Why Does the UK Love Curry?

curryThe British love curry, so much so that it is England’s national dish (alongside Fish and Chips ofcourse!).

  • 85 percent of the curry houses in the UK are connected to Bangladesh (not India).
  • The most popular curry dish in the UK is Chicken Tikka Masala.
  • Chicken Tikka Masala has become so popular that is now a sandwich filling and pizza topping!
  • Curry dishes received a huge boost when a curry-styled entrée called “Coronation Chicken” was used by Queen Elizabeth II at her 1953 coronation.

Curry Comes To The UK
With passage of the McCarran-Walter Act by the United States Congress, immigration restraints greatly reduced the flow of immigrants to the US from the early 1950’s through the mid-1960’s. At this time, an increased inflow of Indians to England coincided with the return of many British military personnel who had delighted in curry dishes during their tours of duty.

As more and more Indian restaurateurs migrated to the UK, small restaurants featuring curry dishes opened and became instantly popular. The spicy taste were much sought after and were in sharp contrast to traditional British cuisine. The attraction was compelling and undeniable.

Mulligatawny soup is believed to be rooted in the soup enjoyed by British military personnel serving in India. Today, kedgeree, an English breakfast staple was derived from an Indian dish of rice and lentil.

What Is Curry?
Curry is best described as; “Any meat, fish or vegetable cooked up in a very favorable gravy, and is designed to lend flavor to the blandness of the grains. So the heart of any curry dish is the blend of spices that are used.” In India, rice and other boiled or baked grans were mainstays of the diet. Grains are basically bland so curry was the perfect spice to add surprising flavor to what would be a bland meal.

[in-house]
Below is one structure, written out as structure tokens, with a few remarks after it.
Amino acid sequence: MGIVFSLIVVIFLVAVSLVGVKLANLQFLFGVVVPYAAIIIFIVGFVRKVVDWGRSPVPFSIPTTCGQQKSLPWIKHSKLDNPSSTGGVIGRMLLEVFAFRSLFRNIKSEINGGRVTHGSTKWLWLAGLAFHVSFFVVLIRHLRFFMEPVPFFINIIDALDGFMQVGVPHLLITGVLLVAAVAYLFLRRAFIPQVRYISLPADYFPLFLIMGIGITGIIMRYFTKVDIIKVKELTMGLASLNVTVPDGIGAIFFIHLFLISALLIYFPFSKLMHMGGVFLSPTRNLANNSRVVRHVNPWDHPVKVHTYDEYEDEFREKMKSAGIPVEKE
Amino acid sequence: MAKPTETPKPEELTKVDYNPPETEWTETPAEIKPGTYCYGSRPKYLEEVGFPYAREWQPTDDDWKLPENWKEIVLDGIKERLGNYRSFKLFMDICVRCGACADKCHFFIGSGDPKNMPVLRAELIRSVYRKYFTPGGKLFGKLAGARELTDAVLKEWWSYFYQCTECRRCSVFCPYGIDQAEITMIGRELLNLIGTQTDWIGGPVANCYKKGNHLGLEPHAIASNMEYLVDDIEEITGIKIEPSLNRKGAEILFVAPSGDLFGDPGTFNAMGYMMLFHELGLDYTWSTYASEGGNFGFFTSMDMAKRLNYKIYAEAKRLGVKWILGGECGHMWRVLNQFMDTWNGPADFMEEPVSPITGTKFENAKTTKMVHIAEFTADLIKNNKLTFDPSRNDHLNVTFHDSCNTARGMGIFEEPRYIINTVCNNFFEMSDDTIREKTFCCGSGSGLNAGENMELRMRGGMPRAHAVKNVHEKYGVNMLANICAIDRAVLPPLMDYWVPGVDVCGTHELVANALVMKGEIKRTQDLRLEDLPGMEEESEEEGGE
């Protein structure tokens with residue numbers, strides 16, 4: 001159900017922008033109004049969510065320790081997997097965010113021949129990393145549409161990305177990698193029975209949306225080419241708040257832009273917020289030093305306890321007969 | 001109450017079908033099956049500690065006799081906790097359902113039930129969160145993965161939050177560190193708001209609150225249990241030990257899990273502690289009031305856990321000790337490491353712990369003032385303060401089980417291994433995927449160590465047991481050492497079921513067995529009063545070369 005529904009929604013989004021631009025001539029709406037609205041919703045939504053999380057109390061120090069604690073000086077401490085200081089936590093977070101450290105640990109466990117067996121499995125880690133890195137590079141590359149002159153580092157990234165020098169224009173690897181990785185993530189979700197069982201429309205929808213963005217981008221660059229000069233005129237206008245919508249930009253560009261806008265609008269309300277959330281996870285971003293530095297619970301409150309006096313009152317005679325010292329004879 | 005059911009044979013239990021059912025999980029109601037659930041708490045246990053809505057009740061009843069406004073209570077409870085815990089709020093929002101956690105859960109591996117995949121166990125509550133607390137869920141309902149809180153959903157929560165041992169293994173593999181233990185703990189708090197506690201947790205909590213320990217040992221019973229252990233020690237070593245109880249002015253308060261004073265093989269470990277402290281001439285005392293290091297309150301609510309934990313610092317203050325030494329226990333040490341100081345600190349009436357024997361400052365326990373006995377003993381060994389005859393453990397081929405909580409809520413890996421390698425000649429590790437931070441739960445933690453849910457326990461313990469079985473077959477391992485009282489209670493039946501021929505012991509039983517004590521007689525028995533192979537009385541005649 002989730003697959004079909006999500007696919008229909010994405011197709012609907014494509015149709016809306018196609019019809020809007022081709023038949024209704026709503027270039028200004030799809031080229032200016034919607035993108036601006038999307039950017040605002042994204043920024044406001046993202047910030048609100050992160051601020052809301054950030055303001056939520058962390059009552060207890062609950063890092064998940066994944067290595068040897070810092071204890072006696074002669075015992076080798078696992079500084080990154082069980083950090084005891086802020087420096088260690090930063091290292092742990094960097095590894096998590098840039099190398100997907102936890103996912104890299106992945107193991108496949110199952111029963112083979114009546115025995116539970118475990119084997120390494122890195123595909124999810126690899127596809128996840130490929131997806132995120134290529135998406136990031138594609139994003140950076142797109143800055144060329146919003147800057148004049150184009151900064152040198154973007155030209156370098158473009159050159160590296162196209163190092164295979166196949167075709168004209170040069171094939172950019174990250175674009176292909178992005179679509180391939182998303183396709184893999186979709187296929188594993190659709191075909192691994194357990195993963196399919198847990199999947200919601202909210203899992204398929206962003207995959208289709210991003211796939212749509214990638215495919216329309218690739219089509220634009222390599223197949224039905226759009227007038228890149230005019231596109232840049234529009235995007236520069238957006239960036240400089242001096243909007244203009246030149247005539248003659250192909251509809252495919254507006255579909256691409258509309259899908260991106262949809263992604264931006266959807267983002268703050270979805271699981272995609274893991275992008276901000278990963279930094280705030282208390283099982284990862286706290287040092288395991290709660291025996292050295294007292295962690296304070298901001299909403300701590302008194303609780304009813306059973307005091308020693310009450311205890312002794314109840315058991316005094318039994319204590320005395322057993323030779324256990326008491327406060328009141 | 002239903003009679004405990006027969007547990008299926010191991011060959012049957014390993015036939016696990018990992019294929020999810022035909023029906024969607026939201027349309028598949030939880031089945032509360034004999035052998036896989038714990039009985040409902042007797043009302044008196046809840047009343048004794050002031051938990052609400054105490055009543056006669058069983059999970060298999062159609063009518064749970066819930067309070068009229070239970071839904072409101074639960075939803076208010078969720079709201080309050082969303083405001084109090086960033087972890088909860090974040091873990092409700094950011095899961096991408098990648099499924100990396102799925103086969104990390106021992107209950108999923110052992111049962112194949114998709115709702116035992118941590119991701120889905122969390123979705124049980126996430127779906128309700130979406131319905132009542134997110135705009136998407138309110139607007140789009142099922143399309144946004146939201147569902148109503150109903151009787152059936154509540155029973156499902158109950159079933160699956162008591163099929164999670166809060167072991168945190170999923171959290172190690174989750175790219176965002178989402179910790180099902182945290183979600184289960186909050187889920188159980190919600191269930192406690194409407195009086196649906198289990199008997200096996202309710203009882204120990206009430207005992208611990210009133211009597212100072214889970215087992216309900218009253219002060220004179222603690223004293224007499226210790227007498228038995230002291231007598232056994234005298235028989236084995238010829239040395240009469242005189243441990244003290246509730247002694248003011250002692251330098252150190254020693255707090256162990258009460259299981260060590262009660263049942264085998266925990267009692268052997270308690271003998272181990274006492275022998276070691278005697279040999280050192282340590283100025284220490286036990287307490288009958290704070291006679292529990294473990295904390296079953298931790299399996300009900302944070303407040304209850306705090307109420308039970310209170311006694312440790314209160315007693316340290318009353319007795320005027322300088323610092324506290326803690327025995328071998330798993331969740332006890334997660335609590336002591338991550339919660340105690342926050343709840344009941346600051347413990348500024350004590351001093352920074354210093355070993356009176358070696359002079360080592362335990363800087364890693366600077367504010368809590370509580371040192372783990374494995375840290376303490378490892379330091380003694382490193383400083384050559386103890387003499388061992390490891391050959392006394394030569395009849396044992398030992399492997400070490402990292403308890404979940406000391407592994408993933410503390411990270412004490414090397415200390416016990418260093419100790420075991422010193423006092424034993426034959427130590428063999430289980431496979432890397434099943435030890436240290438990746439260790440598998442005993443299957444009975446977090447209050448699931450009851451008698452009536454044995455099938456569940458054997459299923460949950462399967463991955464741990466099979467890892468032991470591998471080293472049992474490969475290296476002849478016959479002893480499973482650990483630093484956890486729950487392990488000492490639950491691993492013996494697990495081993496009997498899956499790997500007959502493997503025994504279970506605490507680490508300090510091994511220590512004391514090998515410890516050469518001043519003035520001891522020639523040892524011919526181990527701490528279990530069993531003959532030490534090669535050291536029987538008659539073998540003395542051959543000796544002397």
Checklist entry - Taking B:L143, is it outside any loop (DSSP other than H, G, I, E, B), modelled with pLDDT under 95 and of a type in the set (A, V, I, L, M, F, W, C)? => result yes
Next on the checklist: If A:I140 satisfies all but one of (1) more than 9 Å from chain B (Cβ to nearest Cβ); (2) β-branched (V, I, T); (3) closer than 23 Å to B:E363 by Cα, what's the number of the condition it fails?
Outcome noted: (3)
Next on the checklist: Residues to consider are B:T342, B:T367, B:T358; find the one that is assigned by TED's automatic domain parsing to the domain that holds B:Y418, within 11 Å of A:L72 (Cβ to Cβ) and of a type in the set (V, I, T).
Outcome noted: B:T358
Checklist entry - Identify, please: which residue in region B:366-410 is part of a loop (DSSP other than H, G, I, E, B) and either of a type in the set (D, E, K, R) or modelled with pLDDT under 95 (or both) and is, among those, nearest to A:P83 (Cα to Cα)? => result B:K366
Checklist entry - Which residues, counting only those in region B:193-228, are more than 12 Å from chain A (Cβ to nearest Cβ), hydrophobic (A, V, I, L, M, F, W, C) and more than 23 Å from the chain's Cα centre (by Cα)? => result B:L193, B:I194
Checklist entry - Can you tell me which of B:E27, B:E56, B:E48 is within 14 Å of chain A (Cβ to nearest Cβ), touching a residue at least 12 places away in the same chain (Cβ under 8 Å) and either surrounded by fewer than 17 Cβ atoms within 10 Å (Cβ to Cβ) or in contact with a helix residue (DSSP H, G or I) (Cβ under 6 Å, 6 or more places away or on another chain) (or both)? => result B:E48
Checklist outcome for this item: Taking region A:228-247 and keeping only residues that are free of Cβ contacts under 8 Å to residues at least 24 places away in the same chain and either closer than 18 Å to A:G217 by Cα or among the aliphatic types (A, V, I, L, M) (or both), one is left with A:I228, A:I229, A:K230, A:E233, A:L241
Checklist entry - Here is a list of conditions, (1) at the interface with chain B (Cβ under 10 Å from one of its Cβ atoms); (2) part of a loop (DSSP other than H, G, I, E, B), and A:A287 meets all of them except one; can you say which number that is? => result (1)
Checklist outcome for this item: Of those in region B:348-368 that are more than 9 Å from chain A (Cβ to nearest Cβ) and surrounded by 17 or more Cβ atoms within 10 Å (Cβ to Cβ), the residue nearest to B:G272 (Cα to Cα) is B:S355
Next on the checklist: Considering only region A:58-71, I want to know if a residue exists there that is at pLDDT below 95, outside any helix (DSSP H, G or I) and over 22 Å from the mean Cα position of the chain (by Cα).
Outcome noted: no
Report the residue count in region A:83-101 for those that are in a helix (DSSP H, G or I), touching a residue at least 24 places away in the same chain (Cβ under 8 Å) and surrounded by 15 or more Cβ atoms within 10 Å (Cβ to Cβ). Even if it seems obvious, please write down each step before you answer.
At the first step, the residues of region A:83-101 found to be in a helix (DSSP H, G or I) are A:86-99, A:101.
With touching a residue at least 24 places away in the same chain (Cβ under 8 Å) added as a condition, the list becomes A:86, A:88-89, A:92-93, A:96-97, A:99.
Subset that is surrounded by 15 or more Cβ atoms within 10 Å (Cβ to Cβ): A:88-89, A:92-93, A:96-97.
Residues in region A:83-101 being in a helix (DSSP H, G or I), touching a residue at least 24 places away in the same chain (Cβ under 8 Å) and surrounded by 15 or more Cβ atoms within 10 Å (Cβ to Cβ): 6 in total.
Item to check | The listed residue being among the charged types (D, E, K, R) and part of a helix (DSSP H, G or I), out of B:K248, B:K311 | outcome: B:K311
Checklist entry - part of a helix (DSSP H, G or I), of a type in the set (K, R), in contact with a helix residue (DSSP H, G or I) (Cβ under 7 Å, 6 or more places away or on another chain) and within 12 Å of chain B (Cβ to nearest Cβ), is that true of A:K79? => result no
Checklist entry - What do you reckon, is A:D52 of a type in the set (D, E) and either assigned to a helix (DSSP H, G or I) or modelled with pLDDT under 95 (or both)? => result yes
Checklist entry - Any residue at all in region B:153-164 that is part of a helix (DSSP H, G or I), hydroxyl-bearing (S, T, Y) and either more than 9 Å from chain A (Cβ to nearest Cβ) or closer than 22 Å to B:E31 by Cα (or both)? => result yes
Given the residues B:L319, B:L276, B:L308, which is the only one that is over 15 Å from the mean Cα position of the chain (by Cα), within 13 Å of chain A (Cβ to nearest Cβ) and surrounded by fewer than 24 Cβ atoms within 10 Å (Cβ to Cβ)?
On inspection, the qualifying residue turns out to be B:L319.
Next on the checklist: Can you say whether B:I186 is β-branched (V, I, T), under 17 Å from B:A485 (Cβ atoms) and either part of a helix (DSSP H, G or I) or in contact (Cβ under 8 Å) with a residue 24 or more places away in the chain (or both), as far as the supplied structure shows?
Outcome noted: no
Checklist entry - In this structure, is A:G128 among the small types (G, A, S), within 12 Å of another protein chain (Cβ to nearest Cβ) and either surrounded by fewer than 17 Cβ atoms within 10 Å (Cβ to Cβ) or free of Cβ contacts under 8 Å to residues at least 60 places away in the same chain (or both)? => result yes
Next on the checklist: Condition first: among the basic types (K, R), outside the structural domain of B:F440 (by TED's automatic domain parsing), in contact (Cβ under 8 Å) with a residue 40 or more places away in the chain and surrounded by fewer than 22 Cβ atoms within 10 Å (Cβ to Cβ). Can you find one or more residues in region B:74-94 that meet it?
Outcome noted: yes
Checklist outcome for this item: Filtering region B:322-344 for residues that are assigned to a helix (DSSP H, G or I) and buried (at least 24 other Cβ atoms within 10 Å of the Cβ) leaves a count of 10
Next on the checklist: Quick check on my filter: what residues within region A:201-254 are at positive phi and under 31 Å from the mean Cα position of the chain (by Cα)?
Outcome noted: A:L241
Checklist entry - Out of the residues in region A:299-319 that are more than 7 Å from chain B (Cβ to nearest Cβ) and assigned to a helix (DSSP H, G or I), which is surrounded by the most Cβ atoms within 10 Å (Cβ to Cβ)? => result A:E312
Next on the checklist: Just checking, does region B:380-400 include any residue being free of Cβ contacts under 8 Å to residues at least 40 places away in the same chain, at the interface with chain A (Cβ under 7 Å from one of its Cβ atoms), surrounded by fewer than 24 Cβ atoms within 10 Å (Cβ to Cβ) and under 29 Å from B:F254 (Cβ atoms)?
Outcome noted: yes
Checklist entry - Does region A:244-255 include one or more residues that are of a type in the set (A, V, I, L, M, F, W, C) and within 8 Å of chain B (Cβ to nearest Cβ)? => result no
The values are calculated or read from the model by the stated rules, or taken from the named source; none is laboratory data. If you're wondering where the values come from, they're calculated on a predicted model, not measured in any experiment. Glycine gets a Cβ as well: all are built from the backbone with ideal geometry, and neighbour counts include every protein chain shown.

The composition and number of spices depends upon the region where the preparer learned to cook. In Calcutta, curry blends usually consist of cumin, fennel, fenugreek, mustard, celery seed and/or onion. In Dhaka, curry blends are be made from black cumin, aniseed, onion and fennel. Curry blends usually consist of three or more spices.

In the UK, Koorma is a favorite curry dish. However, it does not refer to the way the curry is blended but rather to the way the curry is used. Koorma is a slow-cook method that also includes garlic, oil, ginger, onion and lamb that has been marinated in yogurt.

There’s a lot to like about curry; if you’re not already a fan, give your local Curry house a try!

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